Volunteering is a great way to help improve your community. It’s likely something that you had to do while you were in the military, but all of your “volun-told” experiences don’t have to be for naught.
If you’re trying to find a way to set yourself apart from the rest of job applicants but don’t have a ton of experience in your chosen field, consider highlighting your volunteer hours on your resume.
This can include anything you did while in the military or outside volunteer activities. Showing potential employers that you’re passionate about an issue and willing to work (for free) for it helps indicate that you’re open to new experiences and you’re engaged with your community.
Related volunteer work can be combined with work that you did in the military to showcase your particular expertise in a specific area. Maybe you were in charge of coordinating proctoring tests at your installation, or maybe you organized a quarterly clean-up of your post or base. Tell employers about that. Not only does it show initiative on your part, but it also helps to augment the fact that your civilian might be a little lean.
If you have little to no civilian work history, think about the organizations you lent you time to and ask yourself what about that organization was appealing? Maybe you’re passionate about the VFW and routinely volunteer with the organization. Highlight that! On your resume, treat the experience as if it were a paid job. Be sure to add the organization name, location, your title, dates, and accomplishments.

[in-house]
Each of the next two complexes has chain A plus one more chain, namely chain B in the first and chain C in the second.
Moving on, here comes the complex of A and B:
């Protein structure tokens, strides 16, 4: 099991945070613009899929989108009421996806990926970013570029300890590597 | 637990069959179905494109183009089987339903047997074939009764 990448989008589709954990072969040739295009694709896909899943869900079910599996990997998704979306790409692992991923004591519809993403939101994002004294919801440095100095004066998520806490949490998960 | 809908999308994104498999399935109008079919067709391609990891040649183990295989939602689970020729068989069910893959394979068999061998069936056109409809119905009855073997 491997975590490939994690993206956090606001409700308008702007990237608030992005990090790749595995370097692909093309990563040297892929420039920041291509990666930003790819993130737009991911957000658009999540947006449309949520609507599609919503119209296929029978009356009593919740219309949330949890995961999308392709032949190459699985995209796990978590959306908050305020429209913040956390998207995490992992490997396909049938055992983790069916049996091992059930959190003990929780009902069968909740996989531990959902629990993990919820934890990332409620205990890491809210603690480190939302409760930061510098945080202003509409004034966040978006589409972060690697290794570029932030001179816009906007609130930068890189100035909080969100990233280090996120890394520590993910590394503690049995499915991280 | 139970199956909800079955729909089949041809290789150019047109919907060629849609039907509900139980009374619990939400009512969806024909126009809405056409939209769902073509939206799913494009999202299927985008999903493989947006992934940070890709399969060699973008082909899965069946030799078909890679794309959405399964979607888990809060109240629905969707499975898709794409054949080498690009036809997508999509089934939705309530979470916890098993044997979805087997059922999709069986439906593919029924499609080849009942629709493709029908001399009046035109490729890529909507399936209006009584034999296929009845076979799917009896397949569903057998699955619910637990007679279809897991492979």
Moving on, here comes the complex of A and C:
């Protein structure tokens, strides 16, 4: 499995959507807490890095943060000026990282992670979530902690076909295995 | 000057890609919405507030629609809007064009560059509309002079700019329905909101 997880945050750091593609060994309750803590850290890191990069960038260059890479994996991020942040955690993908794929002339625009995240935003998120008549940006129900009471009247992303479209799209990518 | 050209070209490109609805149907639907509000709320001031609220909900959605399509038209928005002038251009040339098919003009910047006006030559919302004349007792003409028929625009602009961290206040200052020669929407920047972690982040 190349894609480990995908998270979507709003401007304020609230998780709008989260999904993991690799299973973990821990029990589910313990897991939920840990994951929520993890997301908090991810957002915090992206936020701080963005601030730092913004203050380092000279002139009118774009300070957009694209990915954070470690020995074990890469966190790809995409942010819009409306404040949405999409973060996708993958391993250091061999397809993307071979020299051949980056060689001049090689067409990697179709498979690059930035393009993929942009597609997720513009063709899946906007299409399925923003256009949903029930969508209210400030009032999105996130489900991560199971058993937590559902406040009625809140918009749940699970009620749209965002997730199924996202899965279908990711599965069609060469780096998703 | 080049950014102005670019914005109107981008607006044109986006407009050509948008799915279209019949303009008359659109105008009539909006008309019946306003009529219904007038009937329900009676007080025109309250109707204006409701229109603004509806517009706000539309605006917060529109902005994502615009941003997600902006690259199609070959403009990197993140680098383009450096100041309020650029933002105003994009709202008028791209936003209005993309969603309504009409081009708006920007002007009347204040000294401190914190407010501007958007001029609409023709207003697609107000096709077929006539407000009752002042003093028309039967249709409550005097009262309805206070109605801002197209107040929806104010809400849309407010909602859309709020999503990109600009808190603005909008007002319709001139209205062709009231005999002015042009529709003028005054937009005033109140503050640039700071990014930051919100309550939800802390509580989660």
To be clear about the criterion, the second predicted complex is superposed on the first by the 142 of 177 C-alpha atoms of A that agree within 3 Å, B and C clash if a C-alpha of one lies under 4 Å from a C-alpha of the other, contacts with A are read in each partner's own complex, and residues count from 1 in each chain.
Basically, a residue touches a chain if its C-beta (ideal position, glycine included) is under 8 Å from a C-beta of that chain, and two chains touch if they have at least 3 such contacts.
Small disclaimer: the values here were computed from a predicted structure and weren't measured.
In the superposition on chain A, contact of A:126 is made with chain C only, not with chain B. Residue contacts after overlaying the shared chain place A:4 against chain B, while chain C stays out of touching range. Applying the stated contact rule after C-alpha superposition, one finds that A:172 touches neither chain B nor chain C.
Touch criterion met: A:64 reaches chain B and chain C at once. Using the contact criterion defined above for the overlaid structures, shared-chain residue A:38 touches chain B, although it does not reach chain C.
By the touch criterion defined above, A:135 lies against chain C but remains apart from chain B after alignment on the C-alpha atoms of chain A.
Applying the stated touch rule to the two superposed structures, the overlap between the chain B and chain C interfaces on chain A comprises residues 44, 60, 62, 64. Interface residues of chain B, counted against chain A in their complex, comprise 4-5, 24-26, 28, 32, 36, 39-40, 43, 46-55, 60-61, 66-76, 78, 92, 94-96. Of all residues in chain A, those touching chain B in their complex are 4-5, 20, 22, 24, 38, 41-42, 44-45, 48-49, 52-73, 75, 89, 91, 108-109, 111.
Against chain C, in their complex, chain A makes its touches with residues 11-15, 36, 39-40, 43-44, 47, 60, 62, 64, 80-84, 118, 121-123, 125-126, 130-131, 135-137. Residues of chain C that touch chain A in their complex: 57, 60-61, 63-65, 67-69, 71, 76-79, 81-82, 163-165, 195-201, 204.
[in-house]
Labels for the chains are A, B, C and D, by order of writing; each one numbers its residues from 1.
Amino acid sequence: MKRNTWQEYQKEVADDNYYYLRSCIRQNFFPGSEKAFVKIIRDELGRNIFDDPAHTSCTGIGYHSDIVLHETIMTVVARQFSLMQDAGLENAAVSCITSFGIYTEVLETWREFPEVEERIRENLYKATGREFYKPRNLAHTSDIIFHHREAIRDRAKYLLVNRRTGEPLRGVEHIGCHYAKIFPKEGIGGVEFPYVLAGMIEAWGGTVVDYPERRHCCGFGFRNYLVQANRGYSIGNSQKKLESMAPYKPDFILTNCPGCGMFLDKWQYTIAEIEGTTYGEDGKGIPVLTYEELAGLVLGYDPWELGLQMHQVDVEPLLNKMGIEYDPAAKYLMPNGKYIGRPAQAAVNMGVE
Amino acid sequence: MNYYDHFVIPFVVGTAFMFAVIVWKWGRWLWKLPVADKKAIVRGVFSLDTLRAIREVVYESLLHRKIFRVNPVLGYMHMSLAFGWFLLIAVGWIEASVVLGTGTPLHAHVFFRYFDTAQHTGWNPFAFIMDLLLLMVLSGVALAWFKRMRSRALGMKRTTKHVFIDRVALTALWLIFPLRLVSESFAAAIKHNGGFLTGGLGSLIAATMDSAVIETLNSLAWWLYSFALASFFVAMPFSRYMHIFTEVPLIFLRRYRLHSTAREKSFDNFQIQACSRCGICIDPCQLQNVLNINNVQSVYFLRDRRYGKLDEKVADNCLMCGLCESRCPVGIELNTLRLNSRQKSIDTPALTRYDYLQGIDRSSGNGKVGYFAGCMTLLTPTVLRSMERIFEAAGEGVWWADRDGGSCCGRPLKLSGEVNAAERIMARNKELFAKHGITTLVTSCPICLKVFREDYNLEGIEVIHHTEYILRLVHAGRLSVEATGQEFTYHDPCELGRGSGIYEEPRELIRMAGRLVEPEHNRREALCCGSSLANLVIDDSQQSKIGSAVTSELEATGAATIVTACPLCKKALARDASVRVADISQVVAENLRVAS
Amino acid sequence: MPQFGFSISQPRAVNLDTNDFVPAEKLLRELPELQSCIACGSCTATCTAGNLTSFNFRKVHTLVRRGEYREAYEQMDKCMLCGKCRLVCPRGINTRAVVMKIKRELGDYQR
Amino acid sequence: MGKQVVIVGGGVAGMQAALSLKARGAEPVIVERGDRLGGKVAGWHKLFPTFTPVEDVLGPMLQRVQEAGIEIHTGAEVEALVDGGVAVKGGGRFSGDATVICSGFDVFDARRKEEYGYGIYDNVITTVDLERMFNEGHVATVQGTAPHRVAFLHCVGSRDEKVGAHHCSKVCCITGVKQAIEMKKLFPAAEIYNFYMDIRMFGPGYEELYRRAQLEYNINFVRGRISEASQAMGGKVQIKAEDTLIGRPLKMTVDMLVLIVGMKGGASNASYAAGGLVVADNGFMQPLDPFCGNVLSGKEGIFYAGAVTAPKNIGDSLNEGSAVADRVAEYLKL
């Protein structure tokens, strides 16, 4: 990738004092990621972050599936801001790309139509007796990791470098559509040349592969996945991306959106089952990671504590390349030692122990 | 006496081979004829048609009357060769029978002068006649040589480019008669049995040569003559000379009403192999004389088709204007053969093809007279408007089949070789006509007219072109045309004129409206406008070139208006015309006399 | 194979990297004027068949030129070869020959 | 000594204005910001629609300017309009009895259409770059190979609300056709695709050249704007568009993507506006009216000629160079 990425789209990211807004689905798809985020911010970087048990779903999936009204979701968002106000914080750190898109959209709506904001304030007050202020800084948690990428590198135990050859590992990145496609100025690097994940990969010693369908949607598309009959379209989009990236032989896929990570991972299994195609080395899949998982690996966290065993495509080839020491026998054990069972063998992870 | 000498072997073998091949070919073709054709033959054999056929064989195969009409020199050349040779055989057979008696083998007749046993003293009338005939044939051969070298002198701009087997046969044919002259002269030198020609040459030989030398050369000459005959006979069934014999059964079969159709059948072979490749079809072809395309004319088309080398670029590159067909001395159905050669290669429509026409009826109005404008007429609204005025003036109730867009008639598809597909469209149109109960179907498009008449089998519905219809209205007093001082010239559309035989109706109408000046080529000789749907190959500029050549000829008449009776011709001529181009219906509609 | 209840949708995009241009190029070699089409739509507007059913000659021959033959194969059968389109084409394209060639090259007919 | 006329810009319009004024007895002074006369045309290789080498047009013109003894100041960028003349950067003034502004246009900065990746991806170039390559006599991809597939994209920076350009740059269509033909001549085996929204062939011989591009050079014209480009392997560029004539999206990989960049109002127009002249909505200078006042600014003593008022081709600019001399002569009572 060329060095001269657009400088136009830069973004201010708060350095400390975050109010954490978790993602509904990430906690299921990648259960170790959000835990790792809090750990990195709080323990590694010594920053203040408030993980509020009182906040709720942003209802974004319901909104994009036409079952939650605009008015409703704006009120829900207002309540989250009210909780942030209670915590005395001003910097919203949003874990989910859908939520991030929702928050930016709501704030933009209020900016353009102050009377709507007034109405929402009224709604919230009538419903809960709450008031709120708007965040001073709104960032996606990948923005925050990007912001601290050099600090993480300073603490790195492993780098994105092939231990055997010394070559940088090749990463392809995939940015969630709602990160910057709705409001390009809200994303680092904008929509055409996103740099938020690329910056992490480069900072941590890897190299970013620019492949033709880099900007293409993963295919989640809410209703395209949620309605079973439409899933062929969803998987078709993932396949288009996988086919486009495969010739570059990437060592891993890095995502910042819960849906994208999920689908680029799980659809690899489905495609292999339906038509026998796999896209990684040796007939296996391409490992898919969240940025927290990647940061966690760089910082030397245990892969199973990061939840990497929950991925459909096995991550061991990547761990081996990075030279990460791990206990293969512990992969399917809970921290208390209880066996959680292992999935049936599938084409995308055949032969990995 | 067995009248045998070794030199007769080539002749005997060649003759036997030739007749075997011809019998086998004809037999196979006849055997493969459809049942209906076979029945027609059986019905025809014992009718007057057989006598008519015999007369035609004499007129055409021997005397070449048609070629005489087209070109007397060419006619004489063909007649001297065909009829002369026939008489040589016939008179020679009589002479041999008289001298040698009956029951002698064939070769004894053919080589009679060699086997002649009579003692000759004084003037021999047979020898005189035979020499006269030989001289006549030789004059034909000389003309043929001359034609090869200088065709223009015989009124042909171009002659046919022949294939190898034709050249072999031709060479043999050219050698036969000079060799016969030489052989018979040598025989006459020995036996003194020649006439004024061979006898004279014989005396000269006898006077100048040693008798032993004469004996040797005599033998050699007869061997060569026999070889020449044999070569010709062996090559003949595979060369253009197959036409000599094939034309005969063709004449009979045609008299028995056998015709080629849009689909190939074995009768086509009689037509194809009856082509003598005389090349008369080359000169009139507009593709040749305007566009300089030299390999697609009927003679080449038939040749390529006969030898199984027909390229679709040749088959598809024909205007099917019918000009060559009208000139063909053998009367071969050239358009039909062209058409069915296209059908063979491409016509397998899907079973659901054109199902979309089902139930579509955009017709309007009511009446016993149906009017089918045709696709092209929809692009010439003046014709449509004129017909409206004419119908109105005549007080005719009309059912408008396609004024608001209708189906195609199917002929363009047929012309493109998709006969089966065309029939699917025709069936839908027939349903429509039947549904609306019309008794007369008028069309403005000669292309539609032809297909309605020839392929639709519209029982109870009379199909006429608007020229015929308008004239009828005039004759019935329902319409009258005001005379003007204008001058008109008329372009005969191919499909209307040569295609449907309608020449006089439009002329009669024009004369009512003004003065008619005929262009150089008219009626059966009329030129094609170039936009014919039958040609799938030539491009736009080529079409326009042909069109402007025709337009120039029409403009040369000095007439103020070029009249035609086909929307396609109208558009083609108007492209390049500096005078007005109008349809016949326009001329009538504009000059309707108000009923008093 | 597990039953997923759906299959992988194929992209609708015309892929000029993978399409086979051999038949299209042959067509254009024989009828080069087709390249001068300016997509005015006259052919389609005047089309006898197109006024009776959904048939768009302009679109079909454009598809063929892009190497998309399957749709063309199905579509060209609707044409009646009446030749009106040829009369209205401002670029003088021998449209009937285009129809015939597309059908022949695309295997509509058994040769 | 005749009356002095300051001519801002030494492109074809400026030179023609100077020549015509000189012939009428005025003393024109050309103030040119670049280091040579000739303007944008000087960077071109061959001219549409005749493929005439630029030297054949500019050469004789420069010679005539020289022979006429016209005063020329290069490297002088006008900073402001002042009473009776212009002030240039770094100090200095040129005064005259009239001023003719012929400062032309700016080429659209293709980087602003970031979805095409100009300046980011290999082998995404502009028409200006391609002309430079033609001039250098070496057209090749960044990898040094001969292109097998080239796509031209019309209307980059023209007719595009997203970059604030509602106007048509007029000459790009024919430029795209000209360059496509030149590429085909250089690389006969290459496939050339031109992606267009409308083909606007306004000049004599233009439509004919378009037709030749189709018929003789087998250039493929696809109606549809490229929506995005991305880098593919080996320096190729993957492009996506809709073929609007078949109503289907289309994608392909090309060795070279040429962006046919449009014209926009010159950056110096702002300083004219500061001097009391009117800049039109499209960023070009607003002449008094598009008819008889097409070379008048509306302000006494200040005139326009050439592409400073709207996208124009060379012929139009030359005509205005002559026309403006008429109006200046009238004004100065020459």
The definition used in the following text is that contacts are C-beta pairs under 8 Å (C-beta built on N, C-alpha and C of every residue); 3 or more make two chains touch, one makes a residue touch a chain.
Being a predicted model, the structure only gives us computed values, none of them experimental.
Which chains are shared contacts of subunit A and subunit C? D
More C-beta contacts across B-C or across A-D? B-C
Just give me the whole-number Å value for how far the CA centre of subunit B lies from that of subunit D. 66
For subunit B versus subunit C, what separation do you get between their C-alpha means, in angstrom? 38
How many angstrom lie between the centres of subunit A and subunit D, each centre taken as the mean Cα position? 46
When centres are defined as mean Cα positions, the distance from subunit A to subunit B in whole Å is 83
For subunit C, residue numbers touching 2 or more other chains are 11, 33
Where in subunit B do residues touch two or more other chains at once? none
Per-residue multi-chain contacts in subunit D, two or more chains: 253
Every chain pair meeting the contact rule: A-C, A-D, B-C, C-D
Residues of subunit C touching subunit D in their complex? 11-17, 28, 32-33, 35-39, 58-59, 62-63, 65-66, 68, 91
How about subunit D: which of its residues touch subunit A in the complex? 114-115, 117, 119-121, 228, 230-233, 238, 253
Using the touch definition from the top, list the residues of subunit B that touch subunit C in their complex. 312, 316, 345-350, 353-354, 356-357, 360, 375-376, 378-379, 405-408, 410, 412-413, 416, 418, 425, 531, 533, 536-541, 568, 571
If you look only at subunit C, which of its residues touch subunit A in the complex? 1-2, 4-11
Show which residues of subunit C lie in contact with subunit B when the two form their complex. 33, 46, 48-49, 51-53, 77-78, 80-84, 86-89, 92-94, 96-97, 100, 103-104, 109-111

If you can’t find a way to relate your volunteer experiences with your job goal or potential industry, you can still incorporate it on your resume in a separate category like “Community Service” or “Volunteer Work.” Most hiring managers and organizations tend to look favorably on job applicants who contribute in positive ways to their community.
If you didn’t volunteer much while you were in service, that’s okay too. Now’s a perfect time to start! Not only is a great for your community, but it also has the potential to benefit your career. A volunteer position can be a great networking opportunity and might turn into a full-time position. See our content on networking and why it plays a vital role in helping you transition into a civilian career.
Just because you aren’t compensated for something doesn’t mean you don’t have a talent for it. So use it to your advantage. List your volunteer experience under the employment history section just like any other job and be sure to highlight any transferrable skills you’ve acquired as they apply to your target industry.
Remember transparency though and don’t try to pass off volunteer hours as paid work.
Most importantly, it’s helpful to do a little research about your potential employer and highlight the relevant volunteer experience. This is always a good thing to do because it helps you fine tune the resume you’ve worked hard to build to stand out from the rest.